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Microwaving Does Not Harm Foods

A report from the nutrition department of Cornell University should convince you that microwaving food does not destroy its nutritional value. Dr. Gertrude Armbruster and her colleagues showed that fruits and vegetables lost the least vitamin C when microwaved, compared to other cooking methods. Vitamin C is a good indicator of the amount of nutrients lost because it is both water soluble and sensitive to heat (Newsweek, March 14, 2008).

Microwave ovens use electromagnetic waves that vibrate water molecules inside food to produce heat. Most nutrients in food are not destroyed by microwaving because they are not in the watery layer. An earlier study from Spain, widely reported in the news media, claimed that microwaving broccoli destroyed all of its antioxidants (Journal of Science in Food and Agriculture, November 2003). However, the researchers in this study cooked the broccoli in almost a cup of water for five minutes at full power. The antioxidants were destroyed by the long cooking in water at a high temperature, not by the microwaves. The length of time vegetables are exposed to hot water determines the amount of water-soluble nutrients lost, whether the cooking is done in a microwave oven, steamer, pot or pressure cooker. For nutrient- rich vegetables from your microwave, use very little water (no more than a tablespoon or two) and short cooking times.

Contrary to myths spread by a popular natural health newsletter, the radiation from microwaves is not harmful and has no effect whatever on food other than to heat it up. Once the food comes out of the oven, there are no lingering effects of the microwaves. If you are worried about chemical changes to the nutrients in your food, avoid broiling, grilling, frying or any other method that browns foods. The reason food cooked in a microwave oven is so bland is that the chemical changes caused by high surface temperatures don't happen. That's why most people use their microwave ovens to reheat food instead of for cooking.


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Dear Dr. Mirkin: Does vitamin C improve athletic performance?

Some exercisers take vitamin C because they think that it will help them recover faster and therefore become better athletes. However, a study from the University of Valencia in Spain shows that vitamin C pills can make an athlete tire earlier during long- term exercise (The American Journal of Clinical Nutrition, January 2008).

Every muscle cell has hundreds, and even thousands, of small inclusions called mitochondria that turn food into the force that drives muscles. They do this by shuffling electrons to produce energy. After the electrons are moved, they can end up stuck on oxygen molecules to produce poisons called oxidants that make muscles burn, and feel sore and tired. The human body produces antioxidants that help protect a person from cell damage from these oxidants. Large doses of vitamin C have been shown to block antioxidants, so giving large doses of vitamin C to either humans and animals before they exercise would make them tire earlier.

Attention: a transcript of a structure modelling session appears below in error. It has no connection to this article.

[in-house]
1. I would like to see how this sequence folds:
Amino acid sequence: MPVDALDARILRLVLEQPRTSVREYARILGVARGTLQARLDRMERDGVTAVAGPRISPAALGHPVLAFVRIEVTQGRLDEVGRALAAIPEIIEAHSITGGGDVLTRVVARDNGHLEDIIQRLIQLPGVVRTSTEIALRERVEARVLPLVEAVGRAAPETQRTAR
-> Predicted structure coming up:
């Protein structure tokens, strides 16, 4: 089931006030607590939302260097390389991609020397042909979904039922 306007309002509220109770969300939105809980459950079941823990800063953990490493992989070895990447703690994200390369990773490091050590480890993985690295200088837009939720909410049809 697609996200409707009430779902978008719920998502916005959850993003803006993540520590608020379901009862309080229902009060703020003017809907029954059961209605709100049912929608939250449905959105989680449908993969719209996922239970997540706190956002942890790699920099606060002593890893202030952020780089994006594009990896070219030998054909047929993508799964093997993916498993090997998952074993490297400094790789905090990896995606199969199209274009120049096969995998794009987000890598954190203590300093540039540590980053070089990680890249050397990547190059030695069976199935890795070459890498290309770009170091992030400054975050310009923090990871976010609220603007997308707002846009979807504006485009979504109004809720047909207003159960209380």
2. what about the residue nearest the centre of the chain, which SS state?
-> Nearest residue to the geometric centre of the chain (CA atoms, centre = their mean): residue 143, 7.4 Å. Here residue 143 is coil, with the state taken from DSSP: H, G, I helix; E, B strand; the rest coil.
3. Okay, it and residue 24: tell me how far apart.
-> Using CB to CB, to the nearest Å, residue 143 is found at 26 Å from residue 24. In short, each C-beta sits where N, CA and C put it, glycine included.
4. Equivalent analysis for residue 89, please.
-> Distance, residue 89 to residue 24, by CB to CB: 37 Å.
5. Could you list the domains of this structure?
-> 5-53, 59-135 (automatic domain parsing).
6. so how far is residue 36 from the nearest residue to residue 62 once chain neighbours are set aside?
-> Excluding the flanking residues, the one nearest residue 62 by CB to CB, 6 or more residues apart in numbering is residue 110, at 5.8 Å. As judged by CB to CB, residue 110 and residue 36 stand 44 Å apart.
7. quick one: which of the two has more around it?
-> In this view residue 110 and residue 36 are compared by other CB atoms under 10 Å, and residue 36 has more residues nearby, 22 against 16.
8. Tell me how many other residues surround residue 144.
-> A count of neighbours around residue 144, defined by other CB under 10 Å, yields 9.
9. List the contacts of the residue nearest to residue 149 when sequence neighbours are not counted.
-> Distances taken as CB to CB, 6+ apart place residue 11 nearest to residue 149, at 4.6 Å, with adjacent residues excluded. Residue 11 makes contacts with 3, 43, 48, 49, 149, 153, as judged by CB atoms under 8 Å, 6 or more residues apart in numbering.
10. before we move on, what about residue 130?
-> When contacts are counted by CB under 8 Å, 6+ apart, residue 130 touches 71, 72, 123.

Dear Dr. Mirkin: My husband's doctor recommends that he take testosterone; what are the pros and cons?

Men who have low blood testosterone levels are often given that hormone to bring their levels to normal. This increase sexual desire and performance. However, many men are concerned that it may harm them in other ways. A recent study from England shows that after getting testosterone, the arteries leading to the heart widen and blood flow to the heart increases, reducing their chances for suffering a heart attack (American Journal of Cardiology, March 2008). Long term use of testosterone decreases heart pain caused by blocked coronary arteries in men with low plasma testosterone and coronary heart disease.

Other studies show that, after receiving testosterone replacement for low levels of that hormone, men have more aggression and confidence, lower cholesterol levels, and greater strength. However, many doctors think that it may spread existing prostate cancers. No data yet show that taking testosterone increases prostate cancer risk.


Recipe of the Week

Quinoa with Eggplant

Be sure to read:
Eggplant in the Microwave

You'll find lots of recipes and helpful tips in The Good Food Book - it's FREE

June 25th, 2013
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About the Author: Gabe Mirkin, MD

Sports medicine doctor, fitness guru and long-time radio host Gabe Mirkin, M.D., brings you news and tips for your healthful lifestyle. A practicing physician for more than 50 years and a radio talk show host for 25 years, Dr. Mirkin is a graduate of Harvard University and Baylor University College of Medicine. He is board-certified in four specialties: Sports Medicine, Allergy and Immunology, Pediatrics and Pediatric Immunology. The Dr. Mirkin Show, his call-in show on fitness and health, was syndicated in more than 120 cities. Read More
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